Stop saying things like “don’t be bossy”
What we say to girls matters. “Our daughters script their stories, at least partially, on how we write them,” says speaker and author Dr. Jody Carrington, Ph.D. “Showing them how we want them to show up in the world, while using words that empower them–like “leaders” who are kind and clear, confident, reflective, and responsible, is what they need from us, now more than ever.” While we need to know the phrases that empower the next generation of women, it’s also good to learn what NOT to say to your daughter. Here are the top phrases to eliminate from your parenting toolbox today.
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1. Boys will be boys.
This old-fashioned response to a girl expressing her dislike of a boy's behavior is toxic. Girls should be taught from a young age that boys shouldn't get away with unacceptable actions due to their gender. Parents can show their daughters that they take these issues seriously by listening with empathy and taking steps to change the situation.
2. You got lucky.
A Center for Creative Leadership study found that "nearly ½ of all women interviewed attributed their success to "luck" compared to only ⅓ of men."
If we want girls to grow into women who own their achievements, we need to celebrate the work they put into achieving their goals. Did your girl ace her last test? Tell her you're proud of the way she studied for it. Did she learn a new song on the piano? Celebrate her commitment to regular practice. The more we connect girls' achievements to their efforts, the easier it will be for them to avoid impostor syndrome as adults.
3. Stop being so bossy.
Telling a girl she's 'bossy' feeds into the stereotype that only boys get to be assertive and girls should be quiet and retiring. Instead, celebrate that she feels confident enough in her opinions to instruct others. Say something like, "You're so good at making plans for games! Remember that your game should be fun for everybody. Let your friend make some decisions too." This helps her hone those emerging leadership skills.
4. You would be a lot prettier if you smiled more.
This phrase implies that your daughter's feelings are less important than looking attractive to everyone else. If you're worried that your daughter's overall outlook on life is negative, find ways to discuss the issue without connecting it to her appearance or likeability. "Knowing that they are loved as they help with building self-belief and confidence, especially when others around them are being unkind," says Dr. Low.
Discuss the long-term consequences of focusing on the negative in every situation. Negative people miss out on the good things in the world because they fail to notice them. Consider starting a gratitude journal with your daughter. Or have her tell you two positive things about a situation every time she says something negative. You'll not only help her notice the good details in life but also help her regulate the stories she tells herself.
5. Get to the point.
If your daughter shares details about her day-to-day life with you, consider yourself lucky. "Resilience researchers study kids that thrive despite difficult circumstances. These kids have one thing in common–a trusted adult that they believe loves them unconditionally," says Dr. Angela Low, Researcher at Child Health BC, part of the Provincial Health Services Authority of British Columbia.
"Knowing that an adult has their back no matter what means that they have somewhere to go to seek advice and counsel, when life gets a little overwhelming, or when they make mistakes (as we all do)." Show you're there for her, even if you've heard enough about YouTube and TikTok to last a lifetime. Listen to her now so she will open up to you when it's crucial, later. If you absolutely can't listen right away, try saying this: "You're important to me, and I want to focus on what you have to say. Can you wait for me to finish this task so I can listen to you?"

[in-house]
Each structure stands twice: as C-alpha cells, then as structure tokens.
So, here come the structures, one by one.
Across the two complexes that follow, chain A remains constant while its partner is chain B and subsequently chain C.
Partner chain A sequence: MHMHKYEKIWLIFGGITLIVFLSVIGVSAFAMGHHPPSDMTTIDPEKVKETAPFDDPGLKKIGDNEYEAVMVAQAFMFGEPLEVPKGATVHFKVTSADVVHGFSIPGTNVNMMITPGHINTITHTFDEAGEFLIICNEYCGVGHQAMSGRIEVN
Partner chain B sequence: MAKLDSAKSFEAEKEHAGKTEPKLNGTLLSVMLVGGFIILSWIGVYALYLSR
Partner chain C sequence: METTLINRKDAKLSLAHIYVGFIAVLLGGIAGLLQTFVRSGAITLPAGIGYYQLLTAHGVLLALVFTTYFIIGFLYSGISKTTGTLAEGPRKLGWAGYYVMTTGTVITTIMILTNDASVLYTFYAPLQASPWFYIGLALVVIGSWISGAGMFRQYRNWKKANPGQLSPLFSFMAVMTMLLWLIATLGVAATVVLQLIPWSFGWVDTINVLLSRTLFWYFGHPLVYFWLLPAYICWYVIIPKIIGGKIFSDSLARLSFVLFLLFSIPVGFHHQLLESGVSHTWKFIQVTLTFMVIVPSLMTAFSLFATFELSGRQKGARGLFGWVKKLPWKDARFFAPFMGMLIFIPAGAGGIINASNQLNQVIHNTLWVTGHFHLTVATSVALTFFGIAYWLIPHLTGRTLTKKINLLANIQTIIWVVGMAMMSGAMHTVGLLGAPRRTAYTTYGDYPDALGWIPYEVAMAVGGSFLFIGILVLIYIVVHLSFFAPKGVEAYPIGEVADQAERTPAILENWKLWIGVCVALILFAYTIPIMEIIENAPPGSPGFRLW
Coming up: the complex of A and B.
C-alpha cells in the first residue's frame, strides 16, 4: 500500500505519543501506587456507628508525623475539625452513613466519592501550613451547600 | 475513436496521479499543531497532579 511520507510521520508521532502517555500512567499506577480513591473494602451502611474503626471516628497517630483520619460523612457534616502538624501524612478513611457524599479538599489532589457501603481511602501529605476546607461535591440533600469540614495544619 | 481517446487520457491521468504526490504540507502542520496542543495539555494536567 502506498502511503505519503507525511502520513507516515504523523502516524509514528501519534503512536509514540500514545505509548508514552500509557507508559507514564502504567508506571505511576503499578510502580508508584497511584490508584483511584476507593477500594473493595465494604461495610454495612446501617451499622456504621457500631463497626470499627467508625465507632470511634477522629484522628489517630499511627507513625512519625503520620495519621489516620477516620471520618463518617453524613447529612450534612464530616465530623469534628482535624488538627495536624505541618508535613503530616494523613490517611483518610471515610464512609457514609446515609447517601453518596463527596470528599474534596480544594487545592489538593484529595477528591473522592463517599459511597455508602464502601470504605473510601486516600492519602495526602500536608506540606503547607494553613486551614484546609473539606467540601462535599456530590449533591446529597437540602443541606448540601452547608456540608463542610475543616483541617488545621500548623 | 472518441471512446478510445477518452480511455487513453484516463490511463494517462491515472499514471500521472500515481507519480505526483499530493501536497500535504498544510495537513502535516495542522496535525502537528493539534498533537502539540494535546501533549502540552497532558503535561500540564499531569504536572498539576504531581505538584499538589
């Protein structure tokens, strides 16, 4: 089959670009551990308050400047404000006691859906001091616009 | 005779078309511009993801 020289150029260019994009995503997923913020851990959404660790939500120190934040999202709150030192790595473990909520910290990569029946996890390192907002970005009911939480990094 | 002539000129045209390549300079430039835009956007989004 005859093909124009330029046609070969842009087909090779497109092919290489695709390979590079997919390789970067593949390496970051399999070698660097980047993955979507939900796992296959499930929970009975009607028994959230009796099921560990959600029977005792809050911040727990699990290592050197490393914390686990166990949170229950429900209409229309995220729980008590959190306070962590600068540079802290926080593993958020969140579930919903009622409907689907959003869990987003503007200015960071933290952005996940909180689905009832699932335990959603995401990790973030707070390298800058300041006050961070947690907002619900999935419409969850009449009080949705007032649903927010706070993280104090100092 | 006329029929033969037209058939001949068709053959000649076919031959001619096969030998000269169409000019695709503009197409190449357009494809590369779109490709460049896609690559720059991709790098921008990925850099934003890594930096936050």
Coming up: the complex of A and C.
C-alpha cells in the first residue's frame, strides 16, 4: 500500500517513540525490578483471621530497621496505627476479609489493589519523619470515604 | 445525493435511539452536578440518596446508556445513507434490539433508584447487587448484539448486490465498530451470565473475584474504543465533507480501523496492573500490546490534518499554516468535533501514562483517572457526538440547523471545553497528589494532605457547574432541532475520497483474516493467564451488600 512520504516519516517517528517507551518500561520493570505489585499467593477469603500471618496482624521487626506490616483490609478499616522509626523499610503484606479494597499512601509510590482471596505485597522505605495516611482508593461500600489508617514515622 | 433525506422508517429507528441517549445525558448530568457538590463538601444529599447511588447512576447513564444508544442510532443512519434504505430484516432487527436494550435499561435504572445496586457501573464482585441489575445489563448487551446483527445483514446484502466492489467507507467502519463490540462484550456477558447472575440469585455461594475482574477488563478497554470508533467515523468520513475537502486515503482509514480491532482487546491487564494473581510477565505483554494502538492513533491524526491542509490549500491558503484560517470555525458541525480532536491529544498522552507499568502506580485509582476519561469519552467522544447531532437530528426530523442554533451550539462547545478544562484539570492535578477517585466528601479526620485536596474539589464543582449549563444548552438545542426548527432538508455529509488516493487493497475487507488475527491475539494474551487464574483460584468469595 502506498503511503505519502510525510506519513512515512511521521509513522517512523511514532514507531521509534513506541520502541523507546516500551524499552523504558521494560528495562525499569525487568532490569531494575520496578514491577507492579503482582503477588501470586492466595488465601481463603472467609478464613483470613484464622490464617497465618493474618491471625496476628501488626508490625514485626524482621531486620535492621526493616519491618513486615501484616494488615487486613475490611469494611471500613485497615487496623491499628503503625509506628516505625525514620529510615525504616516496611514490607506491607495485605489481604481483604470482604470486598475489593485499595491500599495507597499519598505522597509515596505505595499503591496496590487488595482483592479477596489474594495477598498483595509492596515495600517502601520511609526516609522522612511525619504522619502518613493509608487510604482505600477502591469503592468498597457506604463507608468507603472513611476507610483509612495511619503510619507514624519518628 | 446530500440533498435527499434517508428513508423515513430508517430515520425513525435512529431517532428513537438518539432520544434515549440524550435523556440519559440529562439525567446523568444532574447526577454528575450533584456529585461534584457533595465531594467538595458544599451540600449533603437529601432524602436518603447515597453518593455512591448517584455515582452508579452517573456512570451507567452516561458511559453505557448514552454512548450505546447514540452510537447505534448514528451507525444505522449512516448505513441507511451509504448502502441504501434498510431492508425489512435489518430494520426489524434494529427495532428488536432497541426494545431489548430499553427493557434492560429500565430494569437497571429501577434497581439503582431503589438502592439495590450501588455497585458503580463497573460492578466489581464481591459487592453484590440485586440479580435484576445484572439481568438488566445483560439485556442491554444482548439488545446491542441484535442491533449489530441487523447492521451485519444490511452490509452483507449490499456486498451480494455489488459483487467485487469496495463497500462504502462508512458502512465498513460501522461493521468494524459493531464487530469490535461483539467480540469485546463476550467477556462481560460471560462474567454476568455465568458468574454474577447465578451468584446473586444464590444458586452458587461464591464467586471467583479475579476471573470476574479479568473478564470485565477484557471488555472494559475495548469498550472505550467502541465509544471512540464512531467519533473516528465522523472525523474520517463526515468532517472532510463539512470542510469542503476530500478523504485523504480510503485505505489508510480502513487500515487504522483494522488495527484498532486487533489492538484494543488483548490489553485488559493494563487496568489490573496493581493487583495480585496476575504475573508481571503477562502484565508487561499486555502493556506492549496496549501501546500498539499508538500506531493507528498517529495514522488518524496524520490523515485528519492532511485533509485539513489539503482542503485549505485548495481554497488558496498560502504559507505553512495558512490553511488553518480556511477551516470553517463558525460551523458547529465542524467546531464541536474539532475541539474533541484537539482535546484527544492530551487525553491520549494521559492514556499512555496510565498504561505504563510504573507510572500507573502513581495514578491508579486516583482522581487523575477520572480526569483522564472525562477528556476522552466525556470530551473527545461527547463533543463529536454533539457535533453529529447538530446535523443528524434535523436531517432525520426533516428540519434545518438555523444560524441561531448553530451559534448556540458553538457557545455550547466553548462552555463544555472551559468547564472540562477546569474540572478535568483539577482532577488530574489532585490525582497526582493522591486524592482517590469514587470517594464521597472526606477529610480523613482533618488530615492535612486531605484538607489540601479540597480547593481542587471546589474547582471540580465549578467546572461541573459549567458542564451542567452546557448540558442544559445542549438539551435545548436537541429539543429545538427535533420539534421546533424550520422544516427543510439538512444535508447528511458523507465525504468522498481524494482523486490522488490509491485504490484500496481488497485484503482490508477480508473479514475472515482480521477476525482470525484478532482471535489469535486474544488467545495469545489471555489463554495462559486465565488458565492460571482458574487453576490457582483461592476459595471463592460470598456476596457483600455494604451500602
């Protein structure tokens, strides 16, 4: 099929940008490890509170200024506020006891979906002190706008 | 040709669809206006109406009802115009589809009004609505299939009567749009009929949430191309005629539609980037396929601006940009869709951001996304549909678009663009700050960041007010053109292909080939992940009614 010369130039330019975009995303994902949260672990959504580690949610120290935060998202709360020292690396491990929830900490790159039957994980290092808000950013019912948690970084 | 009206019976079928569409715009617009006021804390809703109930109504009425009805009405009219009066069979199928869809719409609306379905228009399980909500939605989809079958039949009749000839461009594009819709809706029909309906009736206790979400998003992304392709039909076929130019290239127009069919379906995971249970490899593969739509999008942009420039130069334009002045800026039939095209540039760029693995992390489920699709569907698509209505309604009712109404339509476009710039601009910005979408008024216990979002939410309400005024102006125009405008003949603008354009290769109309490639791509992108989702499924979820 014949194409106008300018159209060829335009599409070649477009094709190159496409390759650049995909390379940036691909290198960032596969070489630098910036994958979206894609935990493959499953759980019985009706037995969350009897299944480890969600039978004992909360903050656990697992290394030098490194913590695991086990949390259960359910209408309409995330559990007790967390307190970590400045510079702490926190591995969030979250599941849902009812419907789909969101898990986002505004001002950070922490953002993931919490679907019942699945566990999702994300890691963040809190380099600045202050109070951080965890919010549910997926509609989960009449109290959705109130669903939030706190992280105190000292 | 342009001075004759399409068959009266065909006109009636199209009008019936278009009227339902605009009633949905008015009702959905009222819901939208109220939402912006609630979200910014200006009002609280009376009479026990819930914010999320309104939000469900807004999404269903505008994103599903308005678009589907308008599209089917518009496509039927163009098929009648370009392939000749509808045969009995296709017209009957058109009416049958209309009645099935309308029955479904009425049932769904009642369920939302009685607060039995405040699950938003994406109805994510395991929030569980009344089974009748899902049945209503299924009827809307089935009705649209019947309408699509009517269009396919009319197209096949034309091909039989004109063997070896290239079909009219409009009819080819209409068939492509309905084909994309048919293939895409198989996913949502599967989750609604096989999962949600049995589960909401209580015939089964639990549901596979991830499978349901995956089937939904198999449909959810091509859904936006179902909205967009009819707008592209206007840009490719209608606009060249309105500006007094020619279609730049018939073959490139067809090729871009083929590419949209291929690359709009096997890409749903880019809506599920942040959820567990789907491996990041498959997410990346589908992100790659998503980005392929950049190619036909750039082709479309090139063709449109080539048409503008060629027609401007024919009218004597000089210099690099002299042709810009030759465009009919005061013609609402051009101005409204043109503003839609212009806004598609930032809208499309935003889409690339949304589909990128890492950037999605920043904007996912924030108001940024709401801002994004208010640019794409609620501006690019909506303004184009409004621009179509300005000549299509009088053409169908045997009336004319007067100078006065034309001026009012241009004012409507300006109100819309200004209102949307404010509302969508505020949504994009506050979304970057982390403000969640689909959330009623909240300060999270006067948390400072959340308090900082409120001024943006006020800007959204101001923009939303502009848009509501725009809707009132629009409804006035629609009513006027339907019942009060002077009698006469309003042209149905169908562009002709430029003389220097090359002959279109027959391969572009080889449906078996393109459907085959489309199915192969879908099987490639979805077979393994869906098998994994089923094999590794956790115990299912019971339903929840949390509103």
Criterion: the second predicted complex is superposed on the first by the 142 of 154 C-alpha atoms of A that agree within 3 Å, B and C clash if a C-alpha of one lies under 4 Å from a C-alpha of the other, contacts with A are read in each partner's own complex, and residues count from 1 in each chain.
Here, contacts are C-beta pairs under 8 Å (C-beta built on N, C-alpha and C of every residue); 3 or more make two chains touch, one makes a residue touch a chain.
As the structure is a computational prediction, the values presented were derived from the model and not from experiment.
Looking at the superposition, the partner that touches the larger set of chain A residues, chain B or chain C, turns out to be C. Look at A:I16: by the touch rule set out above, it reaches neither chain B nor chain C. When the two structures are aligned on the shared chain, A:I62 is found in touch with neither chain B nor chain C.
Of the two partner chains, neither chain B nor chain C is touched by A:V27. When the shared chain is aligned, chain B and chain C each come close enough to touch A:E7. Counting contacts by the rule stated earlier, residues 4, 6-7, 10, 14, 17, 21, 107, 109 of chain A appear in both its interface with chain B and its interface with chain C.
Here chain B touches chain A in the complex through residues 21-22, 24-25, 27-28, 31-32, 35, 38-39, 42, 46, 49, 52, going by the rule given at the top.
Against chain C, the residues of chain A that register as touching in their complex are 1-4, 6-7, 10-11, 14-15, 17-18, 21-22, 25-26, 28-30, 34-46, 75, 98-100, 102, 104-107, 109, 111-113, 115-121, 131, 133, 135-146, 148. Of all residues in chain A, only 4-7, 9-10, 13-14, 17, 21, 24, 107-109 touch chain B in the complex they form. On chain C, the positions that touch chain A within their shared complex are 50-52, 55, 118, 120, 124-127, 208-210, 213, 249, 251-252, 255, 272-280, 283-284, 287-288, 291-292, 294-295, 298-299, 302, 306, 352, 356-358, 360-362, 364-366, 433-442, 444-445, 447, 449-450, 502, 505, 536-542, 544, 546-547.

6. Look how well your friend/sibling does XYZ.
In this era of competitive parenting, you might find yourself looking at another child who is a better dancer, student, athlete, etc. But telling your child they don't do XYZ as well as another kid is harmful. It leads kids to feel "less than" which leads to low self-esteem, anxiety, and other issues. Remember, there's ALWAYS going to be someone who does something better than all of us, and it's better to point out their strengths or guide them to the things that interest them, not what might just look good in a social media feed.
7. You should go on a diet.
Want to know how to talk to your daughter about her weight? Don't. Instead, teach her how her body works and what types of food and exercise make her body healthy, strong, and well-nourished. Make sure she knows that the bodies she sees in magazines and social media have been digitally edited to achieve that look. Talk about society's pressures on women to look a certain way, even though bodies come in all shapes and sizes.
Compliment her for the things her body can do. And make sure you talk about how proud you are of the things YOUR body can do. If she sees you loving your real-world body, it will be easier for her to develop a healthy relationship with food.
8. That's not for girls.
It's the 21st century, y'all. Women are achieving amazing things in sports, business, and the sciences. Encourage your daughter to pursue her dreams regardless of whether her aspirations are in traditionally male-dominated areas or not.
Worried that she may run across people who treat her unkindly because they don't think girls should apply? You can help her navigate any future challenging circumstances now. Connect her to training, sponsors, and networks that can support her goals. This will build her self-confidence and resilience as she pursues her ambitions.
—with additional reporting by Beth Shea